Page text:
In our study, a WES analysis was performed in 147 pediatric patients with suspected ASD. Genotype–phenotype analysis of 1,031 ASD-associated genes enabled the detection of pathogenic or likely pathogenic variants in 20.4% (N 30/147) of patients, of which almost half (N 14/30) were shown to be de novo in subsequent segregation analysis. The high incidence of de novo variants was expected in our study since it is estimated that de novo events contribute to autism in 30–39% of all patients with ASD (Yoon et al., 2021). In addition, one had a maternally inherited variant, and one patient was presumed to be a compound heterozygote, harboring one maternally inherited and one de novo variant. Adding 242 NDD-associated genes (Supplementary Table 1) to the genotype–phenotype analysis resulted in the detection of pathogenic/likely pathogenic variants in four more patients and increased the diagnostic yield to 23.1% (N 34/147). A VUS variant was detected in 10.2% (N 15/147) of patients. All the variants and patient clinical characteristics are listed in Tables 1, 2.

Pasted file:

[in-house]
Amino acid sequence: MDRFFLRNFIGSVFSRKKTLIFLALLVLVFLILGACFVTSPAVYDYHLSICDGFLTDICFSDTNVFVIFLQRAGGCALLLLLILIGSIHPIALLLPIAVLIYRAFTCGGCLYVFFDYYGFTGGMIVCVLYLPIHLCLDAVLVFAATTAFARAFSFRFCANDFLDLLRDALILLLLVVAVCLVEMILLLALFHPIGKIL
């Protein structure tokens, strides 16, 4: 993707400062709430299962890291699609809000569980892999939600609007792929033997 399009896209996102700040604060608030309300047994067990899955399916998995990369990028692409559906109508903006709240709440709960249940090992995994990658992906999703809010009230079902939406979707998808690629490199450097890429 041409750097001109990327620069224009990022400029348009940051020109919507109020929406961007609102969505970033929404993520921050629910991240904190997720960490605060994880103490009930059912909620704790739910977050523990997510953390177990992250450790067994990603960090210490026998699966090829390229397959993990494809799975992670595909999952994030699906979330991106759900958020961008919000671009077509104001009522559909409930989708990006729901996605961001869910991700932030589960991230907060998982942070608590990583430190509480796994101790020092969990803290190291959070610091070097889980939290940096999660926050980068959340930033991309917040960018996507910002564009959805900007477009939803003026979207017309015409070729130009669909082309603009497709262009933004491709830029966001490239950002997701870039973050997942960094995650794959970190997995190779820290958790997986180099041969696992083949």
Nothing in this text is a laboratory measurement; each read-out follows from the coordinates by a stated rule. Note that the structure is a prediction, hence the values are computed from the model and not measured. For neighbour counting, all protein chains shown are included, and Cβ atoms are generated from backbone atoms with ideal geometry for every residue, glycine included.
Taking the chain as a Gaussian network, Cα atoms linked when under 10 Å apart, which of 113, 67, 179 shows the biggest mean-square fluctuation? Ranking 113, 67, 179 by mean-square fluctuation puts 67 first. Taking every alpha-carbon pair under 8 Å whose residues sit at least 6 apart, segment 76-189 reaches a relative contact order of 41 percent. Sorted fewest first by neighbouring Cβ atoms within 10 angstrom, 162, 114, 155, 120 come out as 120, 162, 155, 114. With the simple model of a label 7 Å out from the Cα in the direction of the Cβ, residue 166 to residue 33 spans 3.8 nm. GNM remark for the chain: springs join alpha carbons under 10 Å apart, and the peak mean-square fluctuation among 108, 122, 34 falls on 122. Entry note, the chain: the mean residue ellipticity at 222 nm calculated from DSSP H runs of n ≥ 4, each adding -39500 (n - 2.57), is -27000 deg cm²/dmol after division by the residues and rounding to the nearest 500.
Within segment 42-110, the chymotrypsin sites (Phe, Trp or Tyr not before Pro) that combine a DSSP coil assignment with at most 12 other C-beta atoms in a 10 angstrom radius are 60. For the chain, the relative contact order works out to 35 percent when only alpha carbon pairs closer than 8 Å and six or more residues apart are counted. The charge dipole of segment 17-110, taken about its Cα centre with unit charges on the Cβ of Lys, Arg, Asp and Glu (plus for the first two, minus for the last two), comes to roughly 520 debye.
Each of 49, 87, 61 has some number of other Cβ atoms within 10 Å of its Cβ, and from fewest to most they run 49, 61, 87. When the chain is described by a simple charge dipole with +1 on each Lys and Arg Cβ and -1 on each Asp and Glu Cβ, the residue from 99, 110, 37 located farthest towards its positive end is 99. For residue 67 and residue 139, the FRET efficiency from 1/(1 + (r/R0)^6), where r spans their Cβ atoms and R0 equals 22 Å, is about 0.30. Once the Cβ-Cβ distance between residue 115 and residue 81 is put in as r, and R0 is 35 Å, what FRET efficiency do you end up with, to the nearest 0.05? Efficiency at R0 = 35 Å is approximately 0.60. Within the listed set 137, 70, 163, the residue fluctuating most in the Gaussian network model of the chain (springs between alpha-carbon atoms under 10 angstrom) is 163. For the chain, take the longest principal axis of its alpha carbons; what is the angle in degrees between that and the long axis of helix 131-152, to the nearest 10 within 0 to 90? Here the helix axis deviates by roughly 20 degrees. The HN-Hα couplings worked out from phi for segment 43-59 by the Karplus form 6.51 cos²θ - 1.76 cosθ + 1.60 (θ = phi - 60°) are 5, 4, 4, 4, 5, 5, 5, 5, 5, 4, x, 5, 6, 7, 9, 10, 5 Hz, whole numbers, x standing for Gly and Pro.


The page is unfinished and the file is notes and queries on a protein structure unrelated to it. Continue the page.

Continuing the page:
Protein function predictions and gene prioritization analyses were performed for genes identified in our cohort to establish possible correlations between already known ASD-associated genes and those not listed in the SFARI database. The disease-gene associations analysis (Figure 1) shows that the majority of detected variants are associated with an ID phenotype, and thus we presumed that our patients mostly have a syndromic ASD since autistic behavior (HP:0000729) is strongly associated with all of the analyzed genes (Figure 4). According to the literature, ASD is comorbidity with ID in 32% of patients (Miot et al., 2019). Our disease-gene associations showed that 22 out of 42 genes analyzed were also linked to ID (p-value of 8.58e−23), whereas only 4 genes (ADNP, CHD8, DYRK1A, and MECP2) were linked to ASD (p-value of 7.9e−4). As expected, functional enrichment analysis confirmed that genes involved in the etiology of ASD were predominantly involved in the development of the nervous system, and mutations in these genes, in our cases, altered their transcriptional regulatory functions or transmembrane transporter activity, which are known molecular mechanisms in the etiology of ASD (Rylaarsdam and Guemez-Gamboa, 2019).